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RE: Object-oriented serialization (Was Re: Some questions)

  • From: Vane Lashua <vlashua@R...>
  • To: xml-dev@i...
  • Date: Fri, 3 Dec 1999 15:10:14 -0500

serialization sample code in java
What's the point of defining "Point"? You are putting it in a context for a
processing engine to process. "Point" is meaningless by itself -- even
though it may be syntactly correct, in a context, with normalized attributes
and values -- without a specific processor that understands what a "Point"
is.

Let's say you want to type a value in XML. Easy. ...type="int" value="1"/> .
Or ...type="2Dpoint" value="2,2"/> (whether I say 2Dxvalue="2" 2Dyvalue="2"
is of no consequence). Both "int" and "2Dpoint" are defined somewhere else.

A Java or COBOL processor may be made to understand the type "2Dpoint", but
XML never will. It is not a processor any more than valid Java source code
is.

Vane

-----Original Message-----
From: Colas Nahaboo [mailto:Colas.Nahaboo@s...]
Sent: Friday, December 03, 1999 12:11 PM

Vane Lashua writes:
> I think you're mixing apples and oranges.

I see it the other way: I try to make people realize that they are the same,
and the current artifical limits in the XML syntax make people stuble on
artificial syntax problems.

> An even simpler declaration of your example below -- and correct in XML --
> would be:
> <Point value="12in,2cm;RFFx,G0,B0" />

This is not XML. You invent a sub-language to describe the contents of the
value attribute. You will then need XML and a XML parser to understand the
outer XML, and you will have to invent and specify the inner language, and
design and implement the parser, which is *more* complex than an unified
"XML
2" language. (note that SVG did just that with the contents of the path
element :-). People tend to invent plenty of these sub-languages and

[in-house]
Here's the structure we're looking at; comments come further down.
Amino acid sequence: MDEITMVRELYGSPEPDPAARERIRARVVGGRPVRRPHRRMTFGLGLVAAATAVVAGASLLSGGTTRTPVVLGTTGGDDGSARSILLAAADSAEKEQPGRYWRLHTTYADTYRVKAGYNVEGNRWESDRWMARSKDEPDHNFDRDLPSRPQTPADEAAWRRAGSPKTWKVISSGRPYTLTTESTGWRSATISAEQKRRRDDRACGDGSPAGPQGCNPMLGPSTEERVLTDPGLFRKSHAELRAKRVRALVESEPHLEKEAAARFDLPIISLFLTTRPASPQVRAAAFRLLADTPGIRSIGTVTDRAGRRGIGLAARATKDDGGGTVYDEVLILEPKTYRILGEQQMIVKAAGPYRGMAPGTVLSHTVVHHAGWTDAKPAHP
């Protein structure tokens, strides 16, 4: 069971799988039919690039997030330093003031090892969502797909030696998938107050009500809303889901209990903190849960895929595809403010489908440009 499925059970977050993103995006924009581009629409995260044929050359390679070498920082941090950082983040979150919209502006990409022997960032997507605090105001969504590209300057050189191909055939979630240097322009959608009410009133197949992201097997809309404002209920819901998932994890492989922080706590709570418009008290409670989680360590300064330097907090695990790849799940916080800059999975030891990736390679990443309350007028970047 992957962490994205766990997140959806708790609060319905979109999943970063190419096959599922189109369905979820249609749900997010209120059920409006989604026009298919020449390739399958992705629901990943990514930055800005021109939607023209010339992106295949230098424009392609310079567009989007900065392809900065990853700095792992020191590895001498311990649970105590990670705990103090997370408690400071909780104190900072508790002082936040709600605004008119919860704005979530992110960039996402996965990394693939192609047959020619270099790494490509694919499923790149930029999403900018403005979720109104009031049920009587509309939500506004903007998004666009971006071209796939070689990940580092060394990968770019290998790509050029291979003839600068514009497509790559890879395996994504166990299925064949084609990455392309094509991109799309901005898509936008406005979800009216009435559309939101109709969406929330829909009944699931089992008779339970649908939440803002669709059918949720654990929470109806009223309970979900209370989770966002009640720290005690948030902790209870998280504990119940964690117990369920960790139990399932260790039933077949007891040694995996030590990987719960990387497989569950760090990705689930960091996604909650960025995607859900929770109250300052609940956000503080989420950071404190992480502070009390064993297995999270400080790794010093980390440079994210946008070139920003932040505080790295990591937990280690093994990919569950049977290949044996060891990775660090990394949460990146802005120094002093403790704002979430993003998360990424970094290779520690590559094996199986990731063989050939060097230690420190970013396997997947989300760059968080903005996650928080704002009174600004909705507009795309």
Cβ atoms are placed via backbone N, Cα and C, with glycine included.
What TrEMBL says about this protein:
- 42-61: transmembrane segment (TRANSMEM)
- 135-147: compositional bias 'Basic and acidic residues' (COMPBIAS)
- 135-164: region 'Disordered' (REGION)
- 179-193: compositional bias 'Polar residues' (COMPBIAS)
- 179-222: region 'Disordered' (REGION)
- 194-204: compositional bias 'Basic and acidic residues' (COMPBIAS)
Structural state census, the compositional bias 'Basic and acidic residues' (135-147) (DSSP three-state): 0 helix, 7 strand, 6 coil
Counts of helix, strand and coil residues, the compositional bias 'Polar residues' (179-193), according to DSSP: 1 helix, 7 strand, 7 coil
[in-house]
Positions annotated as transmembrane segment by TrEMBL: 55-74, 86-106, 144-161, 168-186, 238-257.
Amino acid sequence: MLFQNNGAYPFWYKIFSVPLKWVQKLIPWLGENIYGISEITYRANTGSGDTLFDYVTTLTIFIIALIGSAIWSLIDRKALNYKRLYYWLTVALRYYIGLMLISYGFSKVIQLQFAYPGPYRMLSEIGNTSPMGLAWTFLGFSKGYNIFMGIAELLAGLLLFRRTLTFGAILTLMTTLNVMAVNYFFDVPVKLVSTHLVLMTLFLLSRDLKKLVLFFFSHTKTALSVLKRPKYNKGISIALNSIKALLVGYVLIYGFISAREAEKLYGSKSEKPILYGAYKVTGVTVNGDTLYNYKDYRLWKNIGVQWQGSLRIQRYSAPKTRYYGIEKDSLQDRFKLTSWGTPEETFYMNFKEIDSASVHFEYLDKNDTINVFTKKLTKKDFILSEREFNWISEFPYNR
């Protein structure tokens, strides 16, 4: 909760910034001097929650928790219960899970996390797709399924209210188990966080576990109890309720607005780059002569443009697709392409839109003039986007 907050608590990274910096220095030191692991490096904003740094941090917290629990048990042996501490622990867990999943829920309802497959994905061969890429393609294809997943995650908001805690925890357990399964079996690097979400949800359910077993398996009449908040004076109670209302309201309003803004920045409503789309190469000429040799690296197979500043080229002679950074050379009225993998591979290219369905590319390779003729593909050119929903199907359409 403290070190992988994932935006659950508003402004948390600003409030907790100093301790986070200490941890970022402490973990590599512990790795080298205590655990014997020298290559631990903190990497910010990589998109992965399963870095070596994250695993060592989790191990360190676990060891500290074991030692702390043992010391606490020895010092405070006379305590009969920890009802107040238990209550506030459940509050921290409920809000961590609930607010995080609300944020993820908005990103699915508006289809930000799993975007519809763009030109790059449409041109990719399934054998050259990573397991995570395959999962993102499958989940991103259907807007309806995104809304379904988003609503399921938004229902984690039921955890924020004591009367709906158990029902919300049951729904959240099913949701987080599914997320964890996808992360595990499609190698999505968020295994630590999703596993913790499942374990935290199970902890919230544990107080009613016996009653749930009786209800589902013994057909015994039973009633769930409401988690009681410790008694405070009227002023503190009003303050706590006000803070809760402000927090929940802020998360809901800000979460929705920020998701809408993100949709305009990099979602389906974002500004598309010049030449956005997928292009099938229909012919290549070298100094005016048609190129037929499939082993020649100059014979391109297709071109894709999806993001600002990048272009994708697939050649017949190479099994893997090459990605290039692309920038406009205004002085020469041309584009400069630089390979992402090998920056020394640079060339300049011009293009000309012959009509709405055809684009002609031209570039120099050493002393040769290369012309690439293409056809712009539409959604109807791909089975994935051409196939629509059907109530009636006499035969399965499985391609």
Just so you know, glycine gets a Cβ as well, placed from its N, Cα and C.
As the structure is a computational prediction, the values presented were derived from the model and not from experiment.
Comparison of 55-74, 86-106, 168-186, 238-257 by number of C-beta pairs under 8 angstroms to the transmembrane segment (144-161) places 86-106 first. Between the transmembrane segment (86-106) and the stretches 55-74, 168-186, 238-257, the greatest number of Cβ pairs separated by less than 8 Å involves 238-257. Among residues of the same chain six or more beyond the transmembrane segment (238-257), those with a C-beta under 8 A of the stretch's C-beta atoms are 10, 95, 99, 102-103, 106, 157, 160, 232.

mentally
hide them under the rug, failing to see that the did not simplified
anything,
just made things more complex at more places in many different - and often
unspecified - ways.

> XML is a storage medium. Java source code is a storage medium. XML may
> contain Java source code syntax, as Java source code may contain XML
syntax,
> but both need processors to do more.

Yep, but if you look at my example, you could see that I got rid of any
sub-language!!! I only need an XML parser, nothing else at the parsing
level.
I still need the upper semantic level, of course, but at least I dont have
to
have plenty of different lexical parsers (and specs) to describe my data.
The SVG example is striking. To implement a SVG viewer, you need to have an
XML parser, plenty of other parsers to parse the sub-languages invented in
the
different attributes and contents of the SVG XML, including a full CSS and
HTML parser...

Note that I descibed only the object instances, NOT the classes structures
(this belongs to schemas, not to the XML level), and they are not java, they
could represent C++, common lisp, python,... objects!

--
Colas Nahaboo, Koala/Dyade/Bull @ INRIA Sophia,
http://www.inria.fr/koala/colas


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